The King: Singer and Pianist
March 17, 1919 - February 15, 1965
In 1990, he was awarded the Grammy Lifetime Achievement Award.
Nathaniel Coles was born in Alabama and moved with his family to Chicago, when he was four years old. His father, Edward Coles worked as a baptist minister and his mother, Perlina Coles played the church organ. Nat learned to play the instrument from his mother and took music lessons, which introduced him to Western classical music, gospel, and jazz music.
He grew up listening to Earl Hines, Louis Armstrong, and other jazz legends performing at the clubs near his neighborhood. Nat began his career as a teenager and formed a band along with his brother, Eddie, who played the bass. In 1936, the band made its first recording and began performing at some clubs in Chicago.
He began to be called "King Cole" after the rhyme "Old King Cole". Nat also played the piano for Eubie Blake's tour, however, the tour was stopped in Long Beach.

Cole decided to stay back and returned to Chicago to play at esteemed venues such as the Edgewater Beach Hotel.
During 1930, Nat formed a trio band "King Cole Swingers" along with guitarist Oscar Moore and bassist Wesley Prince. They found stable earnings at the Long Beach Pike. The band was signed by Otis René of Excelsior Records, who wrote and produced the song "I'm Lost" with Nat's band. The record sales soared and brought Nat into the limelight.
Thereafter, in 1943, the band signed a contract with Capitol Records and even financed the construction of the record company's distinct circular office.
His song "Straighten Up and Fly Right" sold 500,000 copies and he went on to make many more hits such as "The Christmas Song", "Unforgettable", and "Those Lazy-Hazy-Crazy Days of Summer". He also made an all-jazz album titled, After Midnight.

Peggy Lee

The Queen: Singer, Songwriter, and Composer
May 26, 1920 - January 21, 2002
Apart from a Lifetime Achievement Award, she has won two more Grammy Awards.
Norma Deloris Egstrom was born in North Dakota and was the second-youngest of eight children. Her mother died when Norma was only four and her father, married a second time. Norma's stepmother was cruel and would mistreat her often.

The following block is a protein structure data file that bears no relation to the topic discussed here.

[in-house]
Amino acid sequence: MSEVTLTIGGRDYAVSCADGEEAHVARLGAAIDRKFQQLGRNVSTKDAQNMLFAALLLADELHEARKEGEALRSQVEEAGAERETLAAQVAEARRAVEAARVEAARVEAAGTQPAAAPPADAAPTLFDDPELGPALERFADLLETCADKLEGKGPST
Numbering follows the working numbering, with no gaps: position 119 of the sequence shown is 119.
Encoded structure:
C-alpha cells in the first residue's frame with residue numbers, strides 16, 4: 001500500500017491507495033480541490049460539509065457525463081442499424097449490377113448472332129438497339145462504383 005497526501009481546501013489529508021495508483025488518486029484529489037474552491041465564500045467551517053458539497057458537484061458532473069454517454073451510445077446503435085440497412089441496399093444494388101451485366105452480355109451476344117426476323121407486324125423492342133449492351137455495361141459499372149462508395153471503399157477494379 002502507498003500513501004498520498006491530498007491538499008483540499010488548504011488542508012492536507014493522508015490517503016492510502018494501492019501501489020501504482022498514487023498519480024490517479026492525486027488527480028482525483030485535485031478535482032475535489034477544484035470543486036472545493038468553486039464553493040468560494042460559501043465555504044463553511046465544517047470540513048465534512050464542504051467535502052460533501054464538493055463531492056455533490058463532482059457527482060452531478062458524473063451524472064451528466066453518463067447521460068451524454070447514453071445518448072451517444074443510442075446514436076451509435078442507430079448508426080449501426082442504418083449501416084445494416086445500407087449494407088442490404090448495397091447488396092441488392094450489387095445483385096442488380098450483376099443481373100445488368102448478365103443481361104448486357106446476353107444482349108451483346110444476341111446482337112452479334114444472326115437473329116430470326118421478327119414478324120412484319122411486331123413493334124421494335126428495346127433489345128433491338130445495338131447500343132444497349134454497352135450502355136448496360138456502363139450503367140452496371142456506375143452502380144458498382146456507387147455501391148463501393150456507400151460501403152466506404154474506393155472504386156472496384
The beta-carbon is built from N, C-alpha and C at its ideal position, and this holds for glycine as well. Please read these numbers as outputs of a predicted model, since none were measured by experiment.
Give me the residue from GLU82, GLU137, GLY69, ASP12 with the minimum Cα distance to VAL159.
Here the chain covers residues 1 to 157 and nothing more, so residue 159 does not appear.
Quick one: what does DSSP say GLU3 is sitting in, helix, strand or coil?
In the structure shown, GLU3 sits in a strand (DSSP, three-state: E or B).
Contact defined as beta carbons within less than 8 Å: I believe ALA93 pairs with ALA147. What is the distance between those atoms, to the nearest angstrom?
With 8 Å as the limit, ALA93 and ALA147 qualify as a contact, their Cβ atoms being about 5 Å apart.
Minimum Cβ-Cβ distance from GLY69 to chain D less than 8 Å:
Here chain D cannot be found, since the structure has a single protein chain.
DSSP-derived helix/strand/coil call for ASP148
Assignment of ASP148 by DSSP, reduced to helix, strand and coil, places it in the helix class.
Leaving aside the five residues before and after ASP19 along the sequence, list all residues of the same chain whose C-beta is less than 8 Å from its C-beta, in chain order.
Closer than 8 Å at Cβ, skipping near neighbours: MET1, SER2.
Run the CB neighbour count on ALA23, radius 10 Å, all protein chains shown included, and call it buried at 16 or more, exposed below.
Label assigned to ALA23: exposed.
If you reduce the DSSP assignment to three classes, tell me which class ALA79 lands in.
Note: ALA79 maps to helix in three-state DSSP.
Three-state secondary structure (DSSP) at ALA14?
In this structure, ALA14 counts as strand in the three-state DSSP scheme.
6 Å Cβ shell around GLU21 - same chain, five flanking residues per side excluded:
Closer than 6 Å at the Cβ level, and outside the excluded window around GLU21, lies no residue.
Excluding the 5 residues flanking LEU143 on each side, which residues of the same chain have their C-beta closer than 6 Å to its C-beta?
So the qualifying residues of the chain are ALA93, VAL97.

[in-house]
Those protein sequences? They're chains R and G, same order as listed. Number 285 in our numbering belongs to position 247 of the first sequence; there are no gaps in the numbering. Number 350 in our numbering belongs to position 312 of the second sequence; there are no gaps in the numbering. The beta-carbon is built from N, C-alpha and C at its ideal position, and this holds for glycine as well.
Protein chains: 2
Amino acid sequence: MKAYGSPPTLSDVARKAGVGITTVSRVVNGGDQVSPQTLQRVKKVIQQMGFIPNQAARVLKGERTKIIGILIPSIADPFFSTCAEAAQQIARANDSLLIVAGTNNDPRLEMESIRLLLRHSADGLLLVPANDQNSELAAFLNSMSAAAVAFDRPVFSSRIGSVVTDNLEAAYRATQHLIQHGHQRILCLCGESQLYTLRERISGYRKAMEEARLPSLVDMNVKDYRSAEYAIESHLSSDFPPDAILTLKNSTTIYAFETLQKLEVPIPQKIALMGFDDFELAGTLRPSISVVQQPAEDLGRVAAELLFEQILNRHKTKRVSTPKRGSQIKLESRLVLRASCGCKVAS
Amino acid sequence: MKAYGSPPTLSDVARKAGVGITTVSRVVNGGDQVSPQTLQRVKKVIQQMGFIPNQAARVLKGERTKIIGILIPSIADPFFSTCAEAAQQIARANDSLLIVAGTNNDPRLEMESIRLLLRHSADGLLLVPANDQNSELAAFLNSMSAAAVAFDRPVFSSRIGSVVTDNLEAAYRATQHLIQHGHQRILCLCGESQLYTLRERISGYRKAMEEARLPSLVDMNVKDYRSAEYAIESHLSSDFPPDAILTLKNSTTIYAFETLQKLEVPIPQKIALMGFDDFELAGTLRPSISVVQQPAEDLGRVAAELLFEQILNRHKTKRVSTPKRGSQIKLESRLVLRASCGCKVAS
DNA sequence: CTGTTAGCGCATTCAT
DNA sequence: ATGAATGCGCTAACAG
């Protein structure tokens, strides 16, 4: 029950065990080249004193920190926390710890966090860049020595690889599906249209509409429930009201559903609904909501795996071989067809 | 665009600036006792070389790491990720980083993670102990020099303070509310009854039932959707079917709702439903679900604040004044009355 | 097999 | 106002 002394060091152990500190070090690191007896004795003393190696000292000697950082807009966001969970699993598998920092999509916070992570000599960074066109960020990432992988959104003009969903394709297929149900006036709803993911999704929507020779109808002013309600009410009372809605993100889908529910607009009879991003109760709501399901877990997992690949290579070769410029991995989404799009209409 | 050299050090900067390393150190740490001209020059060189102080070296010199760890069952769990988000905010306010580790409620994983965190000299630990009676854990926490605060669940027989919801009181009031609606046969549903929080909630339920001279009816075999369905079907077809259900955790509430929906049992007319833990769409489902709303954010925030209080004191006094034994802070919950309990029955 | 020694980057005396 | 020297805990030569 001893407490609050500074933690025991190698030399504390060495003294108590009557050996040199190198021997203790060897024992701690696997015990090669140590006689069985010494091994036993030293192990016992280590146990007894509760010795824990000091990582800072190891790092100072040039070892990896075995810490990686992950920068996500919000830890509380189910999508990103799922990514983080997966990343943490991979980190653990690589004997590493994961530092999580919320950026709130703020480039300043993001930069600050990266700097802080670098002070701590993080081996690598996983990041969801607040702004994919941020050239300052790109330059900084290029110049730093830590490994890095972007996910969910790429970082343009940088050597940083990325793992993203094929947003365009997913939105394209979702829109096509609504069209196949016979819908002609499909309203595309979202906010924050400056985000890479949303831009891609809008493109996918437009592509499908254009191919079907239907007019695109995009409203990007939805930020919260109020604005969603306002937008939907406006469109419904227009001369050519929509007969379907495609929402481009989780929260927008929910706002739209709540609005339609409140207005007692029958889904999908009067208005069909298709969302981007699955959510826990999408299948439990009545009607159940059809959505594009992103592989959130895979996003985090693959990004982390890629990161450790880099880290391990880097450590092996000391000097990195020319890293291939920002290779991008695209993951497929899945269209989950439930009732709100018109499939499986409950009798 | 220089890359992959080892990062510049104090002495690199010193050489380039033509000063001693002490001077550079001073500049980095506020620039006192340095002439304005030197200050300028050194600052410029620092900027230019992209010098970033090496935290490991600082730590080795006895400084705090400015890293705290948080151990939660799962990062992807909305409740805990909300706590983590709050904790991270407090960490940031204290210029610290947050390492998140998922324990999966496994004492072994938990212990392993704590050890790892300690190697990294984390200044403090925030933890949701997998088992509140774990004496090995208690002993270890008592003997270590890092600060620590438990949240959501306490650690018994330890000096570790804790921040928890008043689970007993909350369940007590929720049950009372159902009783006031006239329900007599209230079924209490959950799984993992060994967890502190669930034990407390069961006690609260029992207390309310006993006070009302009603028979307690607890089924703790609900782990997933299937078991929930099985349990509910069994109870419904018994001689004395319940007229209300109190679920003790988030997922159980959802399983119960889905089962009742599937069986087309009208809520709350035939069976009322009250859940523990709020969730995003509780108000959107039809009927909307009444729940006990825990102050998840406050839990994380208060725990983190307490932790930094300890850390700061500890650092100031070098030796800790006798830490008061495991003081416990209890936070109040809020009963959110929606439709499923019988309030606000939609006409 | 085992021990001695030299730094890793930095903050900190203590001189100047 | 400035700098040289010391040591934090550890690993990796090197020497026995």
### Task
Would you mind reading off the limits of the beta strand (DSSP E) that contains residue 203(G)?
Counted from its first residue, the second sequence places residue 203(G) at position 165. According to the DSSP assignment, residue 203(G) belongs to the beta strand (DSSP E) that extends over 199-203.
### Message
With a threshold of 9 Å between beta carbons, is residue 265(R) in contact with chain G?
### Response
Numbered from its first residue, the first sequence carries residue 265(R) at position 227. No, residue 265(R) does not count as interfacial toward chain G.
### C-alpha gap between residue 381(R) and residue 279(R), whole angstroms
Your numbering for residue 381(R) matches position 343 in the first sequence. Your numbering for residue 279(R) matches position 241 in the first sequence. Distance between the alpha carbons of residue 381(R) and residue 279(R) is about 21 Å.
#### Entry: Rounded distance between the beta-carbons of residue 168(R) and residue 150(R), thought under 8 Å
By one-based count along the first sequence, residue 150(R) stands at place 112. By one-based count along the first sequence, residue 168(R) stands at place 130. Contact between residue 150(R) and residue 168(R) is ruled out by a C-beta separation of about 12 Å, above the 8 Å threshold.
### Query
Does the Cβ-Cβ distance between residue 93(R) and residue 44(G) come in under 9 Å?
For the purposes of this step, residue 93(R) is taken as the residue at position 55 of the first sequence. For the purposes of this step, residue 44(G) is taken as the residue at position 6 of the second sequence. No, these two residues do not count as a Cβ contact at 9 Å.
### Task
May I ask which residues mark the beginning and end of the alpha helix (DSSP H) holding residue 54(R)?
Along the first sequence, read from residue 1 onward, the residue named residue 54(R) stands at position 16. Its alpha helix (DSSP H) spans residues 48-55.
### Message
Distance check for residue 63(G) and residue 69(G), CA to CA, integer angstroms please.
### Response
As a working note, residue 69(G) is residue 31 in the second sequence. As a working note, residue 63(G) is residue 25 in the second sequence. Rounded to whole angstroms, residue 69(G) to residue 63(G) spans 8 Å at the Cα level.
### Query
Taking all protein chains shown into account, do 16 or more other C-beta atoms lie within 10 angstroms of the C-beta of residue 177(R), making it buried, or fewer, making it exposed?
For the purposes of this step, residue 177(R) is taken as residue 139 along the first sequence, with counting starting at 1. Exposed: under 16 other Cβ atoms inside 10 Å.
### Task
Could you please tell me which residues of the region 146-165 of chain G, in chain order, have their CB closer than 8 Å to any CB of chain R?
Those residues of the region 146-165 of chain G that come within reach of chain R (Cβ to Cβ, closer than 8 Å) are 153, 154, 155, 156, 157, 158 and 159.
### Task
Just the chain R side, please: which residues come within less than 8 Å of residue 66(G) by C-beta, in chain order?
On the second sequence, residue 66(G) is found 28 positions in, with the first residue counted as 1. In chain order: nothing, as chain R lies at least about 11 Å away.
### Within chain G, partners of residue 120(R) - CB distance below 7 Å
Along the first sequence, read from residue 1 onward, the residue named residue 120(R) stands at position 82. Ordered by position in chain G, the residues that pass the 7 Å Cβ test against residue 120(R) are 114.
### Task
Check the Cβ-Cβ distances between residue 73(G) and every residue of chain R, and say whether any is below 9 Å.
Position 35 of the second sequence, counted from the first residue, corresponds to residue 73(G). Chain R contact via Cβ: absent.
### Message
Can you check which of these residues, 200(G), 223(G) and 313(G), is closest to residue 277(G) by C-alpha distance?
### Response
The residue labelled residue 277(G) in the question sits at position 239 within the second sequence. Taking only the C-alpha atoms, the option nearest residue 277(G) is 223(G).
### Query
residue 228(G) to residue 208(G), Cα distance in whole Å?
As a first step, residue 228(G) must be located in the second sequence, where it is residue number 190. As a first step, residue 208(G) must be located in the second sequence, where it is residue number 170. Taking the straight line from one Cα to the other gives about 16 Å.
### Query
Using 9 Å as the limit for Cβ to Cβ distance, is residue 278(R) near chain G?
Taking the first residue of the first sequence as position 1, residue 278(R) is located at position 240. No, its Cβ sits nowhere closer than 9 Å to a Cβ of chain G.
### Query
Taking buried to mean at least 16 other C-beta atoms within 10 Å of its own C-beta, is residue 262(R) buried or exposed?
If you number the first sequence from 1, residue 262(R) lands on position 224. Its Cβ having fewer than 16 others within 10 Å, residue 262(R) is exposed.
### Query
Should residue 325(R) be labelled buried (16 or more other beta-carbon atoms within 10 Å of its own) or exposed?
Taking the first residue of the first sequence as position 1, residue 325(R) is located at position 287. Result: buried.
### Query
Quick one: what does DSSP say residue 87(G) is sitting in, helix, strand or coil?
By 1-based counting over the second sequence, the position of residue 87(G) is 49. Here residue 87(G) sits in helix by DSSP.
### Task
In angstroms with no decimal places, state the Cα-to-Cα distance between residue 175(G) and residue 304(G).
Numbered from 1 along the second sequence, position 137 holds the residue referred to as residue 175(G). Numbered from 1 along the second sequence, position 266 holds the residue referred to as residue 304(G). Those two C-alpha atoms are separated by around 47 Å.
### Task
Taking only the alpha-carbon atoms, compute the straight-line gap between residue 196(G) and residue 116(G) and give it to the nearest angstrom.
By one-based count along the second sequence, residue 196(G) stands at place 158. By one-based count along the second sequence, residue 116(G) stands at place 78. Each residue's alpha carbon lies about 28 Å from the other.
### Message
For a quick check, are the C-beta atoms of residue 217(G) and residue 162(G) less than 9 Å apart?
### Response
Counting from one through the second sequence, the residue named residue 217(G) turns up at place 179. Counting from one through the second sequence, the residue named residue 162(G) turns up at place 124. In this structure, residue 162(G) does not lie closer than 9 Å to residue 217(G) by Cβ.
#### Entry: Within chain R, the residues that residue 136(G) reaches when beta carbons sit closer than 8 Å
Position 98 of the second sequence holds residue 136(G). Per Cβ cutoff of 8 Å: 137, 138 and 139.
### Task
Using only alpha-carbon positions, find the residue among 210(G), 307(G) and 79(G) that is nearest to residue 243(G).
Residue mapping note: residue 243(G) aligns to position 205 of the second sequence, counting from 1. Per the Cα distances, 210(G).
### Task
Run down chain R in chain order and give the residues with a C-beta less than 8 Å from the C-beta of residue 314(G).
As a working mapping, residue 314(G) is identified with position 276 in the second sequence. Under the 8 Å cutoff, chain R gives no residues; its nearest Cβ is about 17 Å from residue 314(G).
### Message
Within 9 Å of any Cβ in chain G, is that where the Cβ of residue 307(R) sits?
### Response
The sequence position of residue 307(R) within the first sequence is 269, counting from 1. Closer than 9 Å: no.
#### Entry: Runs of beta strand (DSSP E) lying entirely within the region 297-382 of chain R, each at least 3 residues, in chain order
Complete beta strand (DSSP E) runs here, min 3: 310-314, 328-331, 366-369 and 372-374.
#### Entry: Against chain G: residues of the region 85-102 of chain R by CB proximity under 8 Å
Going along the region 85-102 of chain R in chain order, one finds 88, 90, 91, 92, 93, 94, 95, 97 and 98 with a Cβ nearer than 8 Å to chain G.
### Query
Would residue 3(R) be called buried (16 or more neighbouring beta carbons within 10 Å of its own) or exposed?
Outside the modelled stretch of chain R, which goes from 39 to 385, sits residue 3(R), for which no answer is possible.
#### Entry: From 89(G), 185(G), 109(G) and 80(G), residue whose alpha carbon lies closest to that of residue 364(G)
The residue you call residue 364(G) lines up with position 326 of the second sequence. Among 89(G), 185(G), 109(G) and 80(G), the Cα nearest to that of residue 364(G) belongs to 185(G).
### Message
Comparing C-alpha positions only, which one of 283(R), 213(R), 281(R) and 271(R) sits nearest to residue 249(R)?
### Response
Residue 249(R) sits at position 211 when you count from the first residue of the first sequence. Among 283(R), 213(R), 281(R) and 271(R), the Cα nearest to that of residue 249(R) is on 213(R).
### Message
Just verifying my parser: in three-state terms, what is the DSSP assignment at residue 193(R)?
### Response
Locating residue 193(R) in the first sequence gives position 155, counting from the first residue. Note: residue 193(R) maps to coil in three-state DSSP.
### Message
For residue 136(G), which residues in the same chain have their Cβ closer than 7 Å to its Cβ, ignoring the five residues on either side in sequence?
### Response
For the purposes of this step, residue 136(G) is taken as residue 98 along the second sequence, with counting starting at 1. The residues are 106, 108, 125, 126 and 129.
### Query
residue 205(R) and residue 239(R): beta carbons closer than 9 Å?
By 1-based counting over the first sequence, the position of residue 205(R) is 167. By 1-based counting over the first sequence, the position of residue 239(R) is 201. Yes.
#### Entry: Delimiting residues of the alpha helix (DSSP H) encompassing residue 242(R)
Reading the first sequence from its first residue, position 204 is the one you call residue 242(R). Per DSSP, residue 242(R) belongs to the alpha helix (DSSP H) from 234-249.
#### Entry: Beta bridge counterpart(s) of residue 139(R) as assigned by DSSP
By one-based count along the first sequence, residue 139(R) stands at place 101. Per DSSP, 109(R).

This caused her to take up part-time jobs and focus more on her singing, so that she could leave her house for good. Norma was sponsored by a local restaurant to sing at a radio show, where she was not paid but was given food. She also sang at the KOVC radio at Valley City in her hometown.
Ken Kennedy, the radio host of WDAY changed Norma's name to Peggy Lee. She was offered to sing at The Butterfly Room; the Ambassador Hotel East nightclub in Chicago. It was here, that she was approached by the "King of Swing", Benny Goodman to join his orchestra. She replaced Helen Forrest in 1941 in getting the job at the Goodman's orchestra.
Penny's song "Somebody Else Is Taking My Place" reached No.1 in 1942 and became a hit single. In 1943, she sang a rendition of Lil Green's song "Why Don't You Do Right?" which sold more than a million copies and catapulted her into stardom.
She is remembered for her songs, "Mañana", "Lover", "Mister Wonderful", and "Fever". In 1999, the Songwriters Hall of Fame made Peggy Lee an inductee.

Duke Ellington

The Duke: Pianist, Composer, and Orchestra Leader
April 29, 1899 - May 24, 1974
In 1966, he was awarded the Grammy Lifetime Achievement Award.
Edward Kennedy Ellington's parents were pianists. His father, James Edward Ellington enjoyed playing operatic arias as a recreation, while his wife, Daisy Kennedy preferred playing parlor songs. Edward was given the title "Duke" by his friend Edgar McEntree, which stuck and become his stage name.